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Publication numberUS5392068 A
Publication typeGrant
Application numberUS 08/113,826
Publication dateFeb 21, 1995
Filing dateAug 31, 1993
Priority dateSep 4, 1992
Fee statusPaid
Also published asEP0585935A1
Publication number08113826, 113826, US 5392068 A, US 5392068A, US-A-5392068, US5392068 A, US5392068A
InventorsMasahiro Suzuki, Koichiro Kawamura, Satoshi Ejima
Original AssigneeNikon Corporation
Export CitationBiBTeX, EndNote, RefMan
External Links: USPTO, USPTO Assignment, Espacenet
Imaging apparatus having start-of-imaging signal dependent color temperature measurement for white-balance
US 5392068 A
Abstract
A still-picture imaging apparatus includes a manually operable photography starting switch to output a start-of-imaging signal. A control circuit operates dependent upon the start-of-imaging signal to actuate an image pick up device and a color measuring sensor, which measures color temperature for purposes of white-balancing. The control circuit may control an adjuster to adjust white-balance of an image signal from the image pick up device based on a color temperature signal from the color measuring sensor.
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Claims(16)
What is claimed is:
1. An apparatus for imaging a still-picture, comprising:
a manually operable photography starting switch to output a start-of-imaging signal;
an image pick up device to perform a still-picture image pick up process for picking up an image of a field and outputting an image signal;
a color measuring sensor to measure a color temperature of an area including said field and to output a color temperature signal;
an adjuster electrically connected to said image pick up device to adjust white-balance of said image signal; and
a control circuit electrically connected to said photography starting switch, said image pick up device, said color measuring sensor and said adjuster, said control circuit operating dependent upon said start-of-imaging signal to actuate said image pick up device and said color measuring sensor, and controlling said adjuster based on said color temperature signal.
2. An apparatus according to claim 1, wherein said control circuit causes said color measuring sensor to measure the color temperature during the image pick up process.
3. An apparatus according to claim 1, wherein said control circuit causes said color measuring sensor to measure the color temperature for a fixed period.
4. An apparatus according to claim 1, wherein said control circuit controls said adjuster based on said color temperature signal after an end of said image pick up process.
5. An apparatus according to claim 1, further comprising a flash device to irradiate said field with a flash of light, and wherein said control circuit causes said color measuring sensor to measure the color temperature during flashing of said flash device.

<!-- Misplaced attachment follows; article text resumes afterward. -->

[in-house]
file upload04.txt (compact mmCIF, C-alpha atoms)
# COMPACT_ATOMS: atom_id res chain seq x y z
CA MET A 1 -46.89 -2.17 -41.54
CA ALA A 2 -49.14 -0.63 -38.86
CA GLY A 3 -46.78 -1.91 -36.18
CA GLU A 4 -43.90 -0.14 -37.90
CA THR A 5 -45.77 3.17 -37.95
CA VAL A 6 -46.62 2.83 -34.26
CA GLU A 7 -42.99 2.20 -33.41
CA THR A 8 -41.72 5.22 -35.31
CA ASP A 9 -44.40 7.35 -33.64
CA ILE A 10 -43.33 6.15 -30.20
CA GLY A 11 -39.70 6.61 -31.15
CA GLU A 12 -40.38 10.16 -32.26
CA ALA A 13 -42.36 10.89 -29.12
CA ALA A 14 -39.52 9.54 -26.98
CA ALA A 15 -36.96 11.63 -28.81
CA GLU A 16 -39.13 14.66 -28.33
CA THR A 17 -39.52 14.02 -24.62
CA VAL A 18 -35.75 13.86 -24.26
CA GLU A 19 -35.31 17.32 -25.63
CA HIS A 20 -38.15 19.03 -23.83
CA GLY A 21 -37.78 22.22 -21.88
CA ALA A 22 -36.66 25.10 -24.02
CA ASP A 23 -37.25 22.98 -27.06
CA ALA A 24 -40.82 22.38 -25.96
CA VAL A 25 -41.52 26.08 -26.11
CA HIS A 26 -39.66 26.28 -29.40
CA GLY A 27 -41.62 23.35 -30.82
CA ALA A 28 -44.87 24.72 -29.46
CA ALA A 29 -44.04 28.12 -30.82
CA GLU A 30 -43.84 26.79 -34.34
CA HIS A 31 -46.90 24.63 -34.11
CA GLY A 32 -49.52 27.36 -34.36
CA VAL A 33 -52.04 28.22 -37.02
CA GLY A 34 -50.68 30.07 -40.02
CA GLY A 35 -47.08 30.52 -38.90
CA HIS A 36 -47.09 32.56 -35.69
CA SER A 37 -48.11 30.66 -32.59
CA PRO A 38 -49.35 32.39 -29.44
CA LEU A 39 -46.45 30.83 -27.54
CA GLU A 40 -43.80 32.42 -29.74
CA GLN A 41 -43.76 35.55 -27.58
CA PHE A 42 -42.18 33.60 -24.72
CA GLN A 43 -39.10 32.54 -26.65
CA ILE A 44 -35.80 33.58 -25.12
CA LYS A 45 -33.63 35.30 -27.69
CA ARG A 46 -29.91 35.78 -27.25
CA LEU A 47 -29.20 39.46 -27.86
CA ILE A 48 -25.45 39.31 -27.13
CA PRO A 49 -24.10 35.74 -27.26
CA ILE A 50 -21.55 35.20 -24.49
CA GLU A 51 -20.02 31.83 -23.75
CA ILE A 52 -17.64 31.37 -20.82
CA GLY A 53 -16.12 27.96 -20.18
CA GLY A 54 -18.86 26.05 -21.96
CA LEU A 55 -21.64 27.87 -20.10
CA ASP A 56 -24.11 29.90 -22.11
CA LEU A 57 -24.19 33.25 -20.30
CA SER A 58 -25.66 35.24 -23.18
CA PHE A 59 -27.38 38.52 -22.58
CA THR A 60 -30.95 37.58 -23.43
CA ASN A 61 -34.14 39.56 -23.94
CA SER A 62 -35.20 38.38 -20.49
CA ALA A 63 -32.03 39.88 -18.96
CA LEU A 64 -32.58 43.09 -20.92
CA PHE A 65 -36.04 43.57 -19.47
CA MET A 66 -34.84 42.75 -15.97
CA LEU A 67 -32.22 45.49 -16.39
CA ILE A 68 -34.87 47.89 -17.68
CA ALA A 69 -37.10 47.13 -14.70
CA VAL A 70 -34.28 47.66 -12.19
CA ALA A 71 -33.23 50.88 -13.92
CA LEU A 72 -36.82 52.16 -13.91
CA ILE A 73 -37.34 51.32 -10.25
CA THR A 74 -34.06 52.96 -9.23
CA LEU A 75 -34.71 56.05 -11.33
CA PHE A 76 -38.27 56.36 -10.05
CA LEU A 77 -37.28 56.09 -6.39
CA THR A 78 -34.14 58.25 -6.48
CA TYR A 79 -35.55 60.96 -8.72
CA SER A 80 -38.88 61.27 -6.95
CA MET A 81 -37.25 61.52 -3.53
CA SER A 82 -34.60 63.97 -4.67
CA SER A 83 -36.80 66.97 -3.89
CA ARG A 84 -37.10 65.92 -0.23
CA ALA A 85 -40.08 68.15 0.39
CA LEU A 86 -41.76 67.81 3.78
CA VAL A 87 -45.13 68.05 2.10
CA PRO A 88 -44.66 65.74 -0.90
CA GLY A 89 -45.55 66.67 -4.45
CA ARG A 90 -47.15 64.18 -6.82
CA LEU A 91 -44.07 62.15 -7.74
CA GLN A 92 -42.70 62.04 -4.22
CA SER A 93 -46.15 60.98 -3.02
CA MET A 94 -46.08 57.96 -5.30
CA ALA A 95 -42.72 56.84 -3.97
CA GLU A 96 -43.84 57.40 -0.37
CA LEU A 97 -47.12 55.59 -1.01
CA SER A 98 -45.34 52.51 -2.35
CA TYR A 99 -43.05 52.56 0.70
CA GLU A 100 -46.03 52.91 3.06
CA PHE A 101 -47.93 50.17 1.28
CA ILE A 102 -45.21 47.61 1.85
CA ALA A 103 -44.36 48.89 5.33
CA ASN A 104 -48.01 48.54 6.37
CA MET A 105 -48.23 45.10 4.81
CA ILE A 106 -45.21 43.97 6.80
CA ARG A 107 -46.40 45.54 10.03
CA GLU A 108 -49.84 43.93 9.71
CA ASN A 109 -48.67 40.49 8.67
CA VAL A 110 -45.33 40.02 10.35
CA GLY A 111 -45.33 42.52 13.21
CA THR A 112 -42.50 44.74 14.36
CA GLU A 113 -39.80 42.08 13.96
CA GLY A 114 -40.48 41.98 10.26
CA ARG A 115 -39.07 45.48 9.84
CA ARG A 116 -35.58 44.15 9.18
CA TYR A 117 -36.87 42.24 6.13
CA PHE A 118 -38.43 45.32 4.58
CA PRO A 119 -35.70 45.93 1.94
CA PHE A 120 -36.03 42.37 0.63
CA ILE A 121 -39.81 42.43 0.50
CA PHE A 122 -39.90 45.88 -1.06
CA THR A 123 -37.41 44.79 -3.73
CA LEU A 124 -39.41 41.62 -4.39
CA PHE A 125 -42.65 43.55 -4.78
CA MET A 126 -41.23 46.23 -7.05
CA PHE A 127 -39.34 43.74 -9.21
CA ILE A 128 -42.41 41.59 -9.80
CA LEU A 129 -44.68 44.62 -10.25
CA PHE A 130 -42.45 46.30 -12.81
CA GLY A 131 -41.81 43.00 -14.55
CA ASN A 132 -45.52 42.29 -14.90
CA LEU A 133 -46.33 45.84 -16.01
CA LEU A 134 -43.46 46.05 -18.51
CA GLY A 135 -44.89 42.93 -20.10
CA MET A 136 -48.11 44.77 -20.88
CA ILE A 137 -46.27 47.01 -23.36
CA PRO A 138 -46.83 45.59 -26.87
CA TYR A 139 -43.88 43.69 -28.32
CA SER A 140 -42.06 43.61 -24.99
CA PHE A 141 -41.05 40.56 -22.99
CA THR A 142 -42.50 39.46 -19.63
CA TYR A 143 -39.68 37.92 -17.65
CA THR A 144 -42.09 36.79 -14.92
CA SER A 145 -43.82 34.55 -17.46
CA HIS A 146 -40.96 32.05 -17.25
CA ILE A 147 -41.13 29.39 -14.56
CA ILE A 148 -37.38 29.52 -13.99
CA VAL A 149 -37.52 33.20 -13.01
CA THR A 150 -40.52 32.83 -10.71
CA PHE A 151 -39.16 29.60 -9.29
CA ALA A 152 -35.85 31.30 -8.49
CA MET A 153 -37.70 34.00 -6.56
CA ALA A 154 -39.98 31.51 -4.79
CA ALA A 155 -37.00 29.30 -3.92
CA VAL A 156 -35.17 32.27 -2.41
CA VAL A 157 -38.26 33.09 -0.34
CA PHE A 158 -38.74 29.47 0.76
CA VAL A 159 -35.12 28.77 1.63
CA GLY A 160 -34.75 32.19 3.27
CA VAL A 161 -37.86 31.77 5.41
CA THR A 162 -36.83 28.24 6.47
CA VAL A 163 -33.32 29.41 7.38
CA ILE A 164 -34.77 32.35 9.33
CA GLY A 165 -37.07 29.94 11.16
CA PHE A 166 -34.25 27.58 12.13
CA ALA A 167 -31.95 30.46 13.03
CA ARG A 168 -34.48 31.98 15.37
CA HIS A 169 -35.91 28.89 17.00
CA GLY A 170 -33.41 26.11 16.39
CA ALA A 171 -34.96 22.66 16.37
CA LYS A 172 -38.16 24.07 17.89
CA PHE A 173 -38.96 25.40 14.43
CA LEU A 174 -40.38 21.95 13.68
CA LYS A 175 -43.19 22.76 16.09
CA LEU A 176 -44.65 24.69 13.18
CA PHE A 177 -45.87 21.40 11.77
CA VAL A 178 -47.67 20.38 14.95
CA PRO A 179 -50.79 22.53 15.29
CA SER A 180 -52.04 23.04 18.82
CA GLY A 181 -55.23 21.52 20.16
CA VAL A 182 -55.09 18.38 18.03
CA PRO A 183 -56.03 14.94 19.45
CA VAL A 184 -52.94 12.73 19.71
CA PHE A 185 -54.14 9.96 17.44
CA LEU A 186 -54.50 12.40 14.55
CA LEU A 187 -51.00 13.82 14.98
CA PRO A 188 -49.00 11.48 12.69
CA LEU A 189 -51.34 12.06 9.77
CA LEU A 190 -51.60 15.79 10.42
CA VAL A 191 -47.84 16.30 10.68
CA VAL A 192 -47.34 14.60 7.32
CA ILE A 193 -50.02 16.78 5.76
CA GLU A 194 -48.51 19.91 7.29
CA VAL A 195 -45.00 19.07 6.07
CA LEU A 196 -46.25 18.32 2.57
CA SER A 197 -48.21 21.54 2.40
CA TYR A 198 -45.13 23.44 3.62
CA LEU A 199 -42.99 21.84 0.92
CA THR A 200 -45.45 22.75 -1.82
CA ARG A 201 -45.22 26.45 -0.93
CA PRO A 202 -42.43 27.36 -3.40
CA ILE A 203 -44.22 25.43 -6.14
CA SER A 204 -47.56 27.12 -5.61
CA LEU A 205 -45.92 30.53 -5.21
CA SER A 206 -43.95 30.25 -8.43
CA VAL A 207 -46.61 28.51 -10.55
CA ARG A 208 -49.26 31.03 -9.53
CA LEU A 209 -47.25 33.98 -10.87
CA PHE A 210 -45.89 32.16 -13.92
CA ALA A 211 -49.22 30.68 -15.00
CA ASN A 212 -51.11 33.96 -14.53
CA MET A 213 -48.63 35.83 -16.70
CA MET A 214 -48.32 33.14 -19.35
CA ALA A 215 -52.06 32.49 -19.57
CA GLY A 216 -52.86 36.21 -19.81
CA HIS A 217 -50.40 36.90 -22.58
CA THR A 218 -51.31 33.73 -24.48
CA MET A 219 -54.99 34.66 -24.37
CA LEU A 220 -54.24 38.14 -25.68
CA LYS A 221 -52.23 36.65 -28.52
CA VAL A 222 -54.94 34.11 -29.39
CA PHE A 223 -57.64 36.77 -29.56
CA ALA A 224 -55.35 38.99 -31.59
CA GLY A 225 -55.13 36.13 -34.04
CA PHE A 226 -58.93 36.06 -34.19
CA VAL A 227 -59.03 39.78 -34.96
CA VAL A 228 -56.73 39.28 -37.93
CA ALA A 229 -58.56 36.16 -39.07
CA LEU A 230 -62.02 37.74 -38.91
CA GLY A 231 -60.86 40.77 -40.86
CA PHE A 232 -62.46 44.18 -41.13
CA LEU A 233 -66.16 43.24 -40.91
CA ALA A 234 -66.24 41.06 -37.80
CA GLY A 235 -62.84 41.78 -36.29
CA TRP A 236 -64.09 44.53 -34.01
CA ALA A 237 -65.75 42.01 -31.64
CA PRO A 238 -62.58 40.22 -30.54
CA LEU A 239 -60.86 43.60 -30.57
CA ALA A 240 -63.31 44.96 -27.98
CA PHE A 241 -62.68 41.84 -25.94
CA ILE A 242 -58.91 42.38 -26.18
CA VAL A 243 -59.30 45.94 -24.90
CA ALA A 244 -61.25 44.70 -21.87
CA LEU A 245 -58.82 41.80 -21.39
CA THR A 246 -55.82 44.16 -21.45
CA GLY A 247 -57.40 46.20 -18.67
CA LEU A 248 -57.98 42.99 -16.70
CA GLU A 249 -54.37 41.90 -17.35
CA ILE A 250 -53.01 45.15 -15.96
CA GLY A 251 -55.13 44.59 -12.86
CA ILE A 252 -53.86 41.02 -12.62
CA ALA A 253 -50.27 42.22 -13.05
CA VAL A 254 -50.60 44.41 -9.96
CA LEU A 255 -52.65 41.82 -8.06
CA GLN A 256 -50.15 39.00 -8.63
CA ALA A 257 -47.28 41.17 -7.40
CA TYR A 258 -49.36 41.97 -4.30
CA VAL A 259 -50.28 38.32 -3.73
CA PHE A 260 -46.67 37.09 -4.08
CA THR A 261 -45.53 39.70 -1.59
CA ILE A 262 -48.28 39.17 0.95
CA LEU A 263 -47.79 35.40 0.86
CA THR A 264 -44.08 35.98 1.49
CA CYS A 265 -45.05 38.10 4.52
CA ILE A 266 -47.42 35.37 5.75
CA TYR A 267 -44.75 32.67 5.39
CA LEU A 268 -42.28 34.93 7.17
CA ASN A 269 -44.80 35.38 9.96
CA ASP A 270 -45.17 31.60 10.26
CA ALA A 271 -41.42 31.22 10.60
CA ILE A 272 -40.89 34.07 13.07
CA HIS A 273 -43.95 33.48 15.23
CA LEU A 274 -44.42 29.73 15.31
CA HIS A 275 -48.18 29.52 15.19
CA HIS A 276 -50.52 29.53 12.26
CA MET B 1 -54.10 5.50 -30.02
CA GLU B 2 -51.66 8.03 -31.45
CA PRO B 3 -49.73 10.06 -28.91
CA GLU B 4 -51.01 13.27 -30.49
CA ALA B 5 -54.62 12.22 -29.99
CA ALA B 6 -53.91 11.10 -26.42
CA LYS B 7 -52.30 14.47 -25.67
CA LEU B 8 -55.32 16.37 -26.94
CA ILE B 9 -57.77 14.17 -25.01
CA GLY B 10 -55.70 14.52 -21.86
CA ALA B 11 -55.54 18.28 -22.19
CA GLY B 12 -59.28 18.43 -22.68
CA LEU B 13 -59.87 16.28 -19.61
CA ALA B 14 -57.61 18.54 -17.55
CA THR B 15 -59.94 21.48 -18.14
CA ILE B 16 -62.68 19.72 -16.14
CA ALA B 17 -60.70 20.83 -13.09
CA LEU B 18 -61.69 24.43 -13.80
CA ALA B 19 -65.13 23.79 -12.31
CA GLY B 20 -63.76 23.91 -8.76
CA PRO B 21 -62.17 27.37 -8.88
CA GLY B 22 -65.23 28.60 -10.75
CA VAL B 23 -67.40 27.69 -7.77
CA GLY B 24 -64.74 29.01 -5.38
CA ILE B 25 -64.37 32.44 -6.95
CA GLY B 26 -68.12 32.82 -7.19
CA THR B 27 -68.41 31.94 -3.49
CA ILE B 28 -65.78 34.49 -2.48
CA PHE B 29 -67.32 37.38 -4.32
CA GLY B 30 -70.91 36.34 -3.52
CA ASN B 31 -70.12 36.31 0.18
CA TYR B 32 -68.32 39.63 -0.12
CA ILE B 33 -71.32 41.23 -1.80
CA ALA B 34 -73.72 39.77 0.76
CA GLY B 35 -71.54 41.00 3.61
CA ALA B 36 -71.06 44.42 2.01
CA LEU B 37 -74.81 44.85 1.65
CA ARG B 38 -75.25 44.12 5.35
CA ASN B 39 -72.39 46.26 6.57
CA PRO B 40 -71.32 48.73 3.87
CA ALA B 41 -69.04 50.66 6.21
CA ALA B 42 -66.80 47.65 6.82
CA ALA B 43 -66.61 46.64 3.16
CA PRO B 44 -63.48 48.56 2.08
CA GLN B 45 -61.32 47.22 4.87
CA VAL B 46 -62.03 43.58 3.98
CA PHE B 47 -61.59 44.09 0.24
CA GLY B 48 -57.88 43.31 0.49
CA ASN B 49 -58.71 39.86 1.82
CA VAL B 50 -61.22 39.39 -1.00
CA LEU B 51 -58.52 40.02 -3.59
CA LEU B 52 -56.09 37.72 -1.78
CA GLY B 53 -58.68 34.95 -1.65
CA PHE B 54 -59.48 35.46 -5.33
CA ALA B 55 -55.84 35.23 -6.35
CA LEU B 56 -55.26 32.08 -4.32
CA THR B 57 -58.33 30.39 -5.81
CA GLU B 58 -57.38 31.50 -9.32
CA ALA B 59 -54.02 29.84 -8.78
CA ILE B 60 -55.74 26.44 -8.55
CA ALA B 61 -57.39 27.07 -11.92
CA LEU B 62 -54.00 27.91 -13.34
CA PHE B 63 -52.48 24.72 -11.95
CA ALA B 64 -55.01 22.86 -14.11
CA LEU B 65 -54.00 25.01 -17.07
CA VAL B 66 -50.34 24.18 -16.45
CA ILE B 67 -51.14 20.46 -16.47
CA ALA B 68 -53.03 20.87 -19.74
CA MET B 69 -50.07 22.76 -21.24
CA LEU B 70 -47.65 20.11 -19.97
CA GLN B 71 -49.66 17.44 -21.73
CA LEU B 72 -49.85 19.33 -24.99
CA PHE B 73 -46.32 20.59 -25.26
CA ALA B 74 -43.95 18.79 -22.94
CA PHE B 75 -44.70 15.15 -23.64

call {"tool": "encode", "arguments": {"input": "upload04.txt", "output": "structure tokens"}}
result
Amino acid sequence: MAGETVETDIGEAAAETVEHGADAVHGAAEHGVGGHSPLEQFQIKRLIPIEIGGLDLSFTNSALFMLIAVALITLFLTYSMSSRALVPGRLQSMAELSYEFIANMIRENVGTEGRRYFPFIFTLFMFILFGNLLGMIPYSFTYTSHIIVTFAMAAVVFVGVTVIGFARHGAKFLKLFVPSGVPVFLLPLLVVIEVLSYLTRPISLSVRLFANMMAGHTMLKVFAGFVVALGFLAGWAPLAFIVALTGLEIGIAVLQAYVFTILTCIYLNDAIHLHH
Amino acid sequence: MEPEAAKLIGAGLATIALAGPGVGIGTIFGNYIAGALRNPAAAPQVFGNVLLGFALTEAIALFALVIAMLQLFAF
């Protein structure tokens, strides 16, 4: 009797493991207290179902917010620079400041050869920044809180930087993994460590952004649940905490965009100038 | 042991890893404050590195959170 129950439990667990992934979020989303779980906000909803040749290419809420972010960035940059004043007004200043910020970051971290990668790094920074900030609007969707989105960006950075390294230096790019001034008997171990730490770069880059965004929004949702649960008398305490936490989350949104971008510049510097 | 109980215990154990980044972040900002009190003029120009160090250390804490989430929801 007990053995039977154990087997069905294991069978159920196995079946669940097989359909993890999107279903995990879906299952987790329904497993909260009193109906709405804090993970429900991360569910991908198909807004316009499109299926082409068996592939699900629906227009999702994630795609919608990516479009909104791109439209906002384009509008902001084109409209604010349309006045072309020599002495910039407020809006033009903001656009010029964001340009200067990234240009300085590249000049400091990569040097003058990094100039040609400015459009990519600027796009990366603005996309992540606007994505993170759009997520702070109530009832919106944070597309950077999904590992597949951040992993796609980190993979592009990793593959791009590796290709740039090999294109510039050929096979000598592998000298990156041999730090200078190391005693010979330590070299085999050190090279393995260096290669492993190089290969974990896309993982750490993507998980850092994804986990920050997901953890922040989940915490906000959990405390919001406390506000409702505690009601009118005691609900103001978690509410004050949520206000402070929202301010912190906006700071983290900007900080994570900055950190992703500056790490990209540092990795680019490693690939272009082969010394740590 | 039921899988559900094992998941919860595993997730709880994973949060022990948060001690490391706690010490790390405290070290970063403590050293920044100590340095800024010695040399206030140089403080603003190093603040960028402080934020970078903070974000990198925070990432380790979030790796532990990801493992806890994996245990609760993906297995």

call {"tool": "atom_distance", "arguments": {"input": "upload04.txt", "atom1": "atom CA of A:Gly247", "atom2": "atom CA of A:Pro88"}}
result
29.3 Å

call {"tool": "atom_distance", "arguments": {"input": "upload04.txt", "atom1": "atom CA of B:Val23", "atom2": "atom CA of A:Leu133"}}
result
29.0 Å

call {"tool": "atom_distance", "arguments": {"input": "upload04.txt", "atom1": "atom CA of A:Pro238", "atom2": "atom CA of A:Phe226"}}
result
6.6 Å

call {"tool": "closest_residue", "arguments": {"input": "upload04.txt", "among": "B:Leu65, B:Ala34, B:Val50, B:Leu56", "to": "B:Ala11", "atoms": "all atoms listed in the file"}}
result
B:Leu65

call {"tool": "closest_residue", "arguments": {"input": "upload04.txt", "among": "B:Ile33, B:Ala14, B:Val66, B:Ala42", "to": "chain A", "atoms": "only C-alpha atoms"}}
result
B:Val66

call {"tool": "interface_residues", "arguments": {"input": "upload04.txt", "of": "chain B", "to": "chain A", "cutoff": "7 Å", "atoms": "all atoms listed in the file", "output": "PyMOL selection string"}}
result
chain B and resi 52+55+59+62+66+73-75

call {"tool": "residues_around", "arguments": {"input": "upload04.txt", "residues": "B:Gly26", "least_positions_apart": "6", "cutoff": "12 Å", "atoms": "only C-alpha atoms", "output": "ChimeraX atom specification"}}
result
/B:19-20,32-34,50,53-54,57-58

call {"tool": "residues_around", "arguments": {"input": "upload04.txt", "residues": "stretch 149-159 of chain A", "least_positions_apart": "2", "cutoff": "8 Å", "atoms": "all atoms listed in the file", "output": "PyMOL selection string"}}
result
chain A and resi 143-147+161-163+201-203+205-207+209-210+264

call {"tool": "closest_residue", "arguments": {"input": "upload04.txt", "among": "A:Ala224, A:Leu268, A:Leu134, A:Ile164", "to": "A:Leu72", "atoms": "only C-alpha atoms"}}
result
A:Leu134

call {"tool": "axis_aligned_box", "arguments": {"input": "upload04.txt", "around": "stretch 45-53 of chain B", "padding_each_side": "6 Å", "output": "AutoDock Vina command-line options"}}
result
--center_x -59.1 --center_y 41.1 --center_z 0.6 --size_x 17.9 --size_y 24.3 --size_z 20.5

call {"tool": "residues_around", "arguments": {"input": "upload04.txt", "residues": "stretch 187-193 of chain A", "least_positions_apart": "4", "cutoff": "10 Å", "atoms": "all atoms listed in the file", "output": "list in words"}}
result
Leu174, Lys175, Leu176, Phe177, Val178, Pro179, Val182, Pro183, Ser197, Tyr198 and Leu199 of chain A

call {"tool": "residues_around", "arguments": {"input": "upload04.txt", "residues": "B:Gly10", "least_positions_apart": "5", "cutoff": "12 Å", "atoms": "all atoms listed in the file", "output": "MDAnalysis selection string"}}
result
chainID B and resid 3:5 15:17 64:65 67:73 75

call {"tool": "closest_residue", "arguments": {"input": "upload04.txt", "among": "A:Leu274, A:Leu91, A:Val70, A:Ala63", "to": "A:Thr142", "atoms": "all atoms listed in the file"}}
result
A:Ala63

6. An apparatus according to claim 1, further comprising a flash device to irradiate said field with a flash of light, and wherein said control circuit causes said flash device to perform a pre-flash prior to said image pick up process, causes said color measuring sensor to start measuring the color temperature before completion of said pre-flash, and stops said pre-flash by said flash device and the color temperature measuring by said color measuring sensor prior to said image pick up process.
7. An apparatus for imaging a still-picture, comprising:
a manually operable photography starting switch to output a start-of-imaging signal;
an image pick up device to perform a still-picture image pick up process for picking up an image of a field and outputting an image signal;
a color measuring sensor to measure a color temperature of an area including said field and to output a color temperature signal;
a recording device; and
a control circuit electrically connected to said photography starting switch, said image pick up device, said color measuring sensor and said recording device, said control circuit operating dependent upon said start-of-imaging signal to actuate said image pick up device and said color measuring sensor and to cause said recording device to record said image signal and said color temperature signal in a recording medium after said image pick up process.
8. An apparatus according to claim 7, wherein said control circuit causes said color measuring sensor to measure the color temperature during the image pick up process.
9. An apparatus according to claim 7, wherein said control circuit causes said color measuring sensor to measure the color temperature for a fixed period.
10. An apparatus according to claim 7, further comprising a flash device to irradiate said field with a flash of light, and wherein said control circuit causes said color measuring sensor to measure the color temperature during flashing of said flash device.
11. An apparatus according to claim 7, further comprising a flash device to irradiate said field with a flash of light, and wherein said control circuit causes said flash device to perform a pre-flash prior to said image pick up process, causes said color measuring sensor to start measuring the color temperature before completion of said pre-flash, and stops said pre-flash by said flash device and the color temperature measuring by said color measuring sensor prior to said image pick up process.
12. An apparatus for imaging a still-picture, comprising:
a manually operable photography starting switch to output a start-of-imaging signal;
an image pick up device to perform a still-picture image pick up process for picking up an image of a field and outputting an image signal;
a color measuring sensor to measure a color temperature of an area including said field and to output a color temperature signal;
an adjuster electrically connected to said image pick up device to adjust white-balance of said image signal based on said color temperature signal and to output a white-balanced image signal;
a recording device; and